New York passes sweeping climate action plan to get to net-zero carbon emission by 2040
Energize Weekly, June 26, 2019
A bill passed by the New York state legislature sets the goal of boosting renewable power, including poorer communities in the transition to clean energy and getting the state to net-zero carbon emissions by 2040 for all economic activity.
The legislation, passed on June 20, is supported by Gov. Andrew Cuomo. “New York has enacted the most aggressive climate change legislation in the nation,” Cuomo said in a statement. “As Washington turns a blind eye and rolls back decades of environmental protections, New York turns to a future of net zero emissions.”
When it is signed into law, New York will join California, Nevada, Hawaii, Washington and New Mexico as states with a 100 percent clean energy requirement. Washington D.C. and Puerto Rico have also adopted a 100 percent target.
The bill sets an economy-wide target of an 85 percent emissions reduction from 1990 levels by 2030 and seeks to offset the remainder through carbon sinks.
The New York Climate Leadership and Community Protection Act (CCPA), calls for a broad range of programs including not only electric power generation, but also energy efficiency, transportation, carbon sequestration and community development.
CCPA target is to reduce economy-wide greenhouse gas emissions by 40 percent from 1990 levels by 2030 and 85 percent by 2050 with the remainder of emission offset by carbon sinks.
Among the bill’s provisions are:
- A 70 percent renewable energy mandate by 2030 target for utilities and 100 percent carbon-free generation by 2040
- Programs established by 2024 to procure 9 gigawatts (GW) of offshore wind power and 6 GW of photovoltaic solar generation by 2035
- A program to support 3 GW of energy storage by 2030
- Increasing energy efficiency in the state by 23 percent by 2040
- Implementing “easily-replicated” renewable energy projects, including solar arrays, heat pumps and wind turbines in public, low-income housing in suburban, urban and rural areas
The legislation also calls for programs to promote electric vehicles; land-use and transportation planning measures aimed at reducing greenhouse gas emissions from motor vehicles; and measures to achieve long-term carbon sequestration through best management practices in land use, agriculture and forestry.
CCPA includes a special focus on what the bill calls “disadvantaged communities,” which it says should receive 35 percent of the benefits of state clean energy programs.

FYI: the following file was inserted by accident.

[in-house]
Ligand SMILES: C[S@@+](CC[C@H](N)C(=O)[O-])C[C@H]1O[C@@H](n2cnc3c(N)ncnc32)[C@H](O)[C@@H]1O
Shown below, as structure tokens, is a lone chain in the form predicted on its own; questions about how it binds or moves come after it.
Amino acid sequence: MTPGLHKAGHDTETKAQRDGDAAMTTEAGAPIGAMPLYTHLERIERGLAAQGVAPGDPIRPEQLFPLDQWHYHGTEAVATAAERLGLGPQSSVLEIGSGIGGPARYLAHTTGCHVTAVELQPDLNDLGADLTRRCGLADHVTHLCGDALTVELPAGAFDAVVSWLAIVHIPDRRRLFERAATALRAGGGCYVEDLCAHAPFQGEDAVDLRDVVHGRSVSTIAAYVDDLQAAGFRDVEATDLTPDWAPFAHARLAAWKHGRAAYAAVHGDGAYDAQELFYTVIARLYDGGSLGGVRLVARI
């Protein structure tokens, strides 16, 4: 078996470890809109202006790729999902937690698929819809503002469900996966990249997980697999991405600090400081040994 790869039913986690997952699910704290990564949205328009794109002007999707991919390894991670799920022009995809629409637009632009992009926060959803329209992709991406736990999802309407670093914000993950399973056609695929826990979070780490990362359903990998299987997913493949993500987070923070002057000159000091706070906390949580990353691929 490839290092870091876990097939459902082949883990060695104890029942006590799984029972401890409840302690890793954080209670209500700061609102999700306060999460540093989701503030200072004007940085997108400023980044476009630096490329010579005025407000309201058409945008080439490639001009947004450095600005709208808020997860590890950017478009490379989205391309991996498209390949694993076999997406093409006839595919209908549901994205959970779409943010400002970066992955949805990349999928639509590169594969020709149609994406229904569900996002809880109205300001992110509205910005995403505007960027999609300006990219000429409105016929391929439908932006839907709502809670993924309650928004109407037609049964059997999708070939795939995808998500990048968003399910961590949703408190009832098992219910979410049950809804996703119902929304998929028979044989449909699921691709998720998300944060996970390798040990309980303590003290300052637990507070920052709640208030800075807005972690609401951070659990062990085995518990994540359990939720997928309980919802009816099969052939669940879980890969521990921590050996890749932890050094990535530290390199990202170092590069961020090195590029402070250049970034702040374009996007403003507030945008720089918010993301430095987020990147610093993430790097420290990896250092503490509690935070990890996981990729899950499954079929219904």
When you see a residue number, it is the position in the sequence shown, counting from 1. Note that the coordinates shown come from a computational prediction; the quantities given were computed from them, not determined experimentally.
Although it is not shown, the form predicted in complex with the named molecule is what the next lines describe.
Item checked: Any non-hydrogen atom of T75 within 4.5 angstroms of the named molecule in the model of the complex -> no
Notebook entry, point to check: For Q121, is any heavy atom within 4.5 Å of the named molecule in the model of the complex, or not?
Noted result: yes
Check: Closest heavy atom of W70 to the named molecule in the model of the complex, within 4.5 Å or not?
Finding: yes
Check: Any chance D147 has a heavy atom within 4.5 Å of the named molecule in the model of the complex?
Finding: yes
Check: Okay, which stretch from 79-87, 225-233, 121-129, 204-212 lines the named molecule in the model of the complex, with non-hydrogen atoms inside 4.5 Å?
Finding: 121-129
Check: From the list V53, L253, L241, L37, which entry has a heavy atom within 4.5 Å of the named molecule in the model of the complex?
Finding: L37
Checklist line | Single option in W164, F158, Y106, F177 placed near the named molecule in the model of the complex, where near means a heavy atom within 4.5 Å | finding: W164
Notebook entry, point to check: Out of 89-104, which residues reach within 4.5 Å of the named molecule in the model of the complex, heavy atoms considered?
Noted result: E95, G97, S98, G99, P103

“Climate change especially heightens the vulnerability of disadvantaged communities, which bear environmental and socioeconomic burdens as well as legacies of racial and ethnic discrimination,” the bill said. “Actions undertaken by New York state to mitigate greenhouse gas emissions should prioritize the safety and health of disadvantaged communities … and prioritize the allocation of public investments in these areas.”
Among the mandates is that at least 20 percent of energy efficiency investments, “where practicable,” be made in a manner to benefit disadvantaged communities and low- to moderate-income consumers.
The New York State Energy Research and Development Authority is also directed to consider “enhanced incentive payments for solar and community distributed projects focused on by not limited to those serving disadvantaged communities.”
NY Renews – a coalition of community, environment and labor groups – had pushed for a broad program for workers and low-income communities but it supports the emission reductions mandated by the bill.
“Ultimately, the Climate Leadership and Community Protection Act is a partial victory for New Yorkers,” the coalition said in a statement. “The fight for true climate justice demands transformative change, and we will bring that fight until our communities win.”
The Natural Resources Defense Council (NRDC), a national environmental organization, said the CCPA is a major step forward.
“New York is now in a league of its own on climate action,” Rhea Suh, the NRDC’s president said in a statement. “This bill will help fundamentally transform the state’s economy, slash climate pollution, and help create a more just and equitable society. There is no doubt that New York’s leadership sets the bar for the rest of the nation.”